A branch of the European Union is calling on stakeholders to improve the repairability of electronics and ferret out devices designed to have short lifespans. The European Parliament on July 4 voted to approve a resolution calling on the European Commission, member countries and producers to take steps to improve repairability. The resolution doesn't place any requirements into law. But it does signal the desire of the legislative body, which is directly elected by voters in each member country, to address the issue through future laws and voluntary programs. The parliament voted 662 to 32 to approve the resolution. The document seeks to have products built to last longer and made easier to repair. It suggests discouraging manufacturers from taking steps to prevent independent repair shops from making fixes, and it calls for spare parts to be made available. Among its long list of suggestions and requests, the document asks the European Commission, the EU's executive branch, to propose a EU-wide definition of planned obsolescence and to explore a system to test products for built-in obsolescence. It also calls for "better legal protection for 'whistleblowers' and appropriate dissuasive measures for producers." It addresses obsolescence for both hardware and software. Additionally, it calls on the commission to consider a voluntary labeling system informing consumers about a product's durability, eco-design features, upgradeability and repairability. Source: E-Scrap News, 7/13/17
  • States Grapple with Implementing E-Waste Recycling Laws
    Even though many of states are moving the needle forward on e-waste, some are running into barriers while working to implement these newly developed laws. Source: Waste360, 7/20/17
  • States Grapple with Implementing E-Waste Recycling Laws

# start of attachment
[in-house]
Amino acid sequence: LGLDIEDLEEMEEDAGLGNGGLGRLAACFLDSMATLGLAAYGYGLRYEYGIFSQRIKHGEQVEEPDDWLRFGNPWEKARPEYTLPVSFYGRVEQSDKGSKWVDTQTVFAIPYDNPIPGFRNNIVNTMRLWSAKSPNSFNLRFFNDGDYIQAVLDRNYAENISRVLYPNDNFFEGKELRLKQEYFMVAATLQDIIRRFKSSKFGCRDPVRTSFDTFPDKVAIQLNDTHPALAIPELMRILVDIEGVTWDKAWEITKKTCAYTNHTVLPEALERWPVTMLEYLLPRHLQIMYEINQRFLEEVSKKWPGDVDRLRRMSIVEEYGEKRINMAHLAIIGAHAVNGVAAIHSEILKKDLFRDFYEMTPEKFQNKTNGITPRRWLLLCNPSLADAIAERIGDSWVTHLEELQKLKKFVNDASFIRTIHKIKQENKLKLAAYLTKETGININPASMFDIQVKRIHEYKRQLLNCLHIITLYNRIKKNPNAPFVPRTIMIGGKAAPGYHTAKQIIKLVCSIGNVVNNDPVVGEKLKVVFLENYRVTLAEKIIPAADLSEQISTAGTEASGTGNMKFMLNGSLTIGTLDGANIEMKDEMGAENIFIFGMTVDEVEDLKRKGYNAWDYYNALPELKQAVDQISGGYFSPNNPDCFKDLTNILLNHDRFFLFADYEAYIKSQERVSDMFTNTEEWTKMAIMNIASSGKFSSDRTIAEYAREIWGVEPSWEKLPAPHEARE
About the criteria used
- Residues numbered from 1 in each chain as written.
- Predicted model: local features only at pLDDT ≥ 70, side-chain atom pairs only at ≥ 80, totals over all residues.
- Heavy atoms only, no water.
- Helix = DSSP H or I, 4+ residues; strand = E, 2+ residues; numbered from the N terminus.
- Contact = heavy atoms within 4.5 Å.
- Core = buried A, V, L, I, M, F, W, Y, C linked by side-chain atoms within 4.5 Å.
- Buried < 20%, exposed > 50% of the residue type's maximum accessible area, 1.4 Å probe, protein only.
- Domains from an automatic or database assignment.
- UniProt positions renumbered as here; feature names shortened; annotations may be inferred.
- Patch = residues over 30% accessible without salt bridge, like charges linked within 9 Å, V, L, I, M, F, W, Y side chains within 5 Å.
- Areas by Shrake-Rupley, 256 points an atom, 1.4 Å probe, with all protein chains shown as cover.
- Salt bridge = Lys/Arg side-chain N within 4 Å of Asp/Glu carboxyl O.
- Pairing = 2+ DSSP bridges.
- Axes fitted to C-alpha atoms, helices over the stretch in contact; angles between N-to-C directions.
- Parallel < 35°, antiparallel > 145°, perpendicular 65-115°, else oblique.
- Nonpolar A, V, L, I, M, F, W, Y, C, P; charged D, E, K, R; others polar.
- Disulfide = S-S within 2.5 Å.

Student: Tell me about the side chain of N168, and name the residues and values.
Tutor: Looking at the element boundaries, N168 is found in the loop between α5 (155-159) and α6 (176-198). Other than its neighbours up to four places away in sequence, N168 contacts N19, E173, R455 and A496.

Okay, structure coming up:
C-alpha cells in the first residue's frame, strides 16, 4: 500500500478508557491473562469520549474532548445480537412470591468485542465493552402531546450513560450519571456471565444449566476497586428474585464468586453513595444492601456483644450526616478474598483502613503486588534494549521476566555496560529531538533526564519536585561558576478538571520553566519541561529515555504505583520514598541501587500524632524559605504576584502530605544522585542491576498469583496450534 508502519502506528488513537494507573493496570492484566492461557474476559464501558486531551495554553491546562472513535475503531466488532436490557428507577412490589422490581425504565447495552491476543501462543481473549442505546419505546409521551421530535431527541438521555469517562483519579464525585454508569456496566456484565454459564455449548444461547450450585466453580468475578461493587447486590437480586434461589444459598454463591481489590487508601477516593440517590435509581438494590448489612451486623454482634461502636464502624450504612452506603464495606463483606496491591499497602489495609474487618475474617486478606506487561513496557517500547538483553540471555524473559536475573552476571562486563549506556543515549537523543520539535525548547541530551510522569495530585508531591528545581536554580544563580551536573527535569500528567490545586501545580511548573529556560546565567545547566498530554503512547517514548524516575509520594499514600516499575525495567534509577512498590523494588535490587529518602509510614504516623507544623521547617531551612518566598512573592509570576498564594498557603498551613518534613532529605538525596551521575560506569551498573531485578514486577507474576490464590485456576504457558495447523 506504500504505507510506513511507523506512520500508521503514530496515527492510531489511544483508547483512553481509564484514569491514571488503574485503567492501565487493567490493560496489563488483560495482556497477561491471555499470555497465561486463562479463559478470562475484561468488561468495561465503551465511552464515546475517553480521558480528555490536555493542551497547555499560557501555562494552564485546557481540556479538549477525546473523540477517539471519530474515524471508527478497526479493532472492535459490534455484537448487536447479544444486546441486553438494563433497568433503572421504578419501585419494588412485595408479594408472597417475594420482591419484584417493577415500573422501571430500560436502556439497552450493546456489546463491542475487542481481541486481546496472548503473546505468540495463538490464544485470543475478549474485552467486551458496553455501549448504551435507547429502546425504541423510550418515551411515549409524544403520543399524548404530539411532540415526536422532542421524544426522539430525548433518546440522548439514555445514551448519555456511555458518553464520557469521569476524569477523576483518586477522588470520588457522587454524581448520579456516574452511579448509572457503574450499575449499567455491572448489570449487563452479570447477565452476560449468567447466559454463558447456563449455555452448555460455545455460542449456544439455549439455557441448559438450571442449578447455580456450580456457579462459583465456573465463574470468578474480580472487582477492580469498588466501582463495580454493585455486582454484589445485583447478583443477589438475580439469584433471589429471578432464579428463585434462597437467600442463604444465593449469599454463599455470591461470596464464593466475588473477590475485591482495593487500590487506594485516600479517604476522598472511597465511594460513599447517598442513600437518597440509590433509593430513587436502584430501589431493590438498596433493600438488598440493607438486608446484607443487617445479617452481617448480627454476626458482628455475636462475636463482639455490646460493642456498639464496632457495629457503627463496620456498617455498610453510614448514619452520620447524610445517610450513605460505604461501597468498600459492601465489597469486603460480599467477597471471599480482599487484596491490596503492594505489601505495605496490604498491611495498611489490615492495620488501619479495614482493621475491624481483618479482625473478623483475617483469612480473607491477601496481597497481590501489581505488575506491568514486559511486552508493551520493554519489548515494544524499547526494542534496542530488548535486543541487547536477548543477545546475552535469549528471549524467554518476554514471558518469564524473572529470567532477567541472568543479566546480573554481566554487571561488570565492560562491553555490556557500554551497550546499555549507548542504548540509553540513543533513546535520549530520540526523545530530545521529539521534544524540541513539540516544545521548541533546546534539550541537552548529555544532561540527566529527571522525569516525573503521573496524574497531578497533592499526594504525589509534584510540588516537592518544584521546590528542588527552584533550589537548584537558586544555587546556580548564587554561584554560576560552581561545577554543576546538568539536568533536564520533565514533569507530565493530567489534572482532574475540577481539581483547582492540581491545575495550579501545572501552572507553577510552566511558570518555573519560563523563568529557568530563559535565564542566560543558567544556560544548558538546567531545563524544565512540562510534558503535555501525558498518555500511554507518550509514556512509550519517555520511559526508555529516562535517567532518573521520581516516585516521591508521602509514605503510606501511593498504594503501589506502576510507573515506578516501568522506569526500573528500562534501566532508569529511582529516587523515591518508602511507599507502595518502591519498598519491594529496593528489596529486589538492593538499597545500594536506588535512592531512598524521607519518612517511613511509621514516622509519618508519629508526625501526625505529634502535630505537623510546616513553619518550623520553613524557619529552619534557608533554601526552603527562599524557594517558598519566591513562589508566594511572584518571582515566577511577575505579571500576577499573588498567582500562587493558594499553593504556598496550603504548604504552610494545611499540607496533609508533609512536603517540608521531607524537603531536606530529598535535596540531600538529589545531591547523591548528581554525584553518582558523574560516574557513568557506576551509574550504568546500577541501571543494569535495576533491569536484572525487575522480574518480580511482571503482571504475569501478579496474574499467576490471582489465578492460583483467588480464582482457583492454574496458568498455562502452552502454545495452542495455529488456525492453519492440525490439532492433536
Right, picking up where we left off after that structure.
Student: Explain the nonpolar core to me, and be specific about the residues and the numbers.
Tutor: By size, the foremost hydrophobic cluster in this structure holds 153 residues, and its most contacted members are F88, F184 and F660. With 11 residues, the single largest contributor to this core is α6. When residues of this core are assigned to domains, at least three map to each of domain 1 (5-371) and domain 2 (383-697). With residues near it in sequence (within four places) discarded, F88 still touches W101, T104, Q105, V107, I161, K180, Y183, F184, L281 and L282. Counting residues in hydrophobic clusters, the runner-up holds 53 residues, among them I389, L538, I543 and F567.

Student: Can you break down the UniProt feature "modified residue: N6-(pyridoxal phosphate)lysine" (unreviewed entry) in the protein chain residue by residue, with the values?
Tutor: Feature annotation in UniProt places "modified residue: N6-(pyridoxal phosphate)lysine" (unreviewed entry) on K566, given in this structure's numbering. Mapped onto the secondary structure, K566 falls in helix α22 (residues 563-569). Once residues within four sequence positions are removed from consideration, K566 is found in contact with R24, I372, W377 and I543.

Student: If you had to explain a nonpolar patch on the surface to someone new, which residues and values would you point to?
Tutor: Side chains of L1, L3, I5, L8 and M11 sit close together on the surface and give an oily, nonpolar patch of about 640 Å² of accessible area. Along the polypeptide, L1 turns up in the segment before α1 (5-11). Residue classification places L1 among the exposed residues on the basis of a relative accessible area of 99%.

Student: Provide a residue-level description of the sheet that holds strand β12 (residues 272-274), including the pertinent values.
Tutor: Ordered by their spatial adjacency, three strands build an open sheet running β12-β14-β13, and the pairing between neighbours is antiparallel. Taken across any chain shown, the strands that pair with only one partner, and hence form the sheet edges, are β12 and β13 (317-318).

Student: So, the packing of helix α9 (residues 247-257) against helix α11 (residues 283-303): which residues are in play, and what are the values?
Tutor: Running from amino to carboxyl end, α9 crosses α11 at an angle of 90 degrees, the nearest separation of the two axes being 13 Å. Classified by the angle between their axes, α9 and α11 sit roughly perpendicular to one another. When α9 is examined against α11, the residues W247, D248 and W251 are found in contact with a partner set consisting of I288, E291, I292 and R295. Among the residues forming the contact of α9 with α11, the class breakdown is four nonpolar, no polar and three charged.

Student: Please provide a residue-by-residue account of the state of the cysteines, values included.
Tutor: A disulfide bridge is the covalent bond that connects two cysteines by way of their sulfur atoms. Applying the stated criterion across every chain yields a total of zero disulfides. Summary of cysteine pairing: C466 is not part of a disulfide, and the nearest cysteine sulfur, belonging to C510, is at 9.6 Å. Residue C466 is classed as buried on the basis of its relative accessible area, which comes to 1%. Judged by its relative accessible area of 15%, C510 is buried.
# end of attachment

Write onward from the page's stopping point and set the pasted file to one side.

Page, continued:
To date, 25 states and Washington, D.C., have electronics recycling laws, most of which are producer responsibility statutes. Illinois, Pennsylvania, New York, New Jersey, Wisconsin and Minnesota are among those that have recently taken action to deal with fast-accumulating electronic waste. But even though many of these states are moving the needle forward, some are running into barriers while working to implement these newly developed laws. Source: Waste 360, 7/20/17
  • Lawmakers scramble to reform e-scrap program in Illinois
    Fearing a veto from the governor, Illinois stakeholders are attempting to iron out last-minute changes to legislation that would reshape the state's e-scrap law by requiring manufacturers to fund recycling of all covered material collected through the program. Following the successful passage of Senate Bill 1417 by both the state House and Senate late last month, lawmakers in Illinois have held back on sending the legislation to Gov. Bruce Rauner and have instead worked on a separate bill, HB 1955, to add several tweaks to the legislative overhaul. The changes, according to the Illinois Manufacturers Association (IMA), are aimed at appeasing concerns from the Illinois EPA that likely would have caused Gov. Rauner, a Republican, to veto the original legislation. The Consumer Technology Association (CTA) has also raised concerns about the bill. Source: E-scrap news, 6/29/17
  • HP Creates Social and Environmental Impact in Haiti with Launch of Ink Cartridges Made from Recycled Bottles
    HP has announced the launch of Original HP ink cartridges made with plastic from bottles recycled in Haiti. This joint initiative with Thread and the First Mile Coalition aims to improve the lives of the children who collect recyclable materials by providing them with educational opportunities, including scholarships, as well as full access to medical care and health and safety trainings. Source: CSR Wire, 6/15/17
  • American Chipmakers Had a Toxic Problem. Then They Outsourced It
    Twenty-five years ago, U.S. tech companies pledged to stop using chemicals that caused miscarriages and birth defects. They failed to ensure that their Asian suppliers did the same. Source: Bloomberg Businessweek, 6/15/17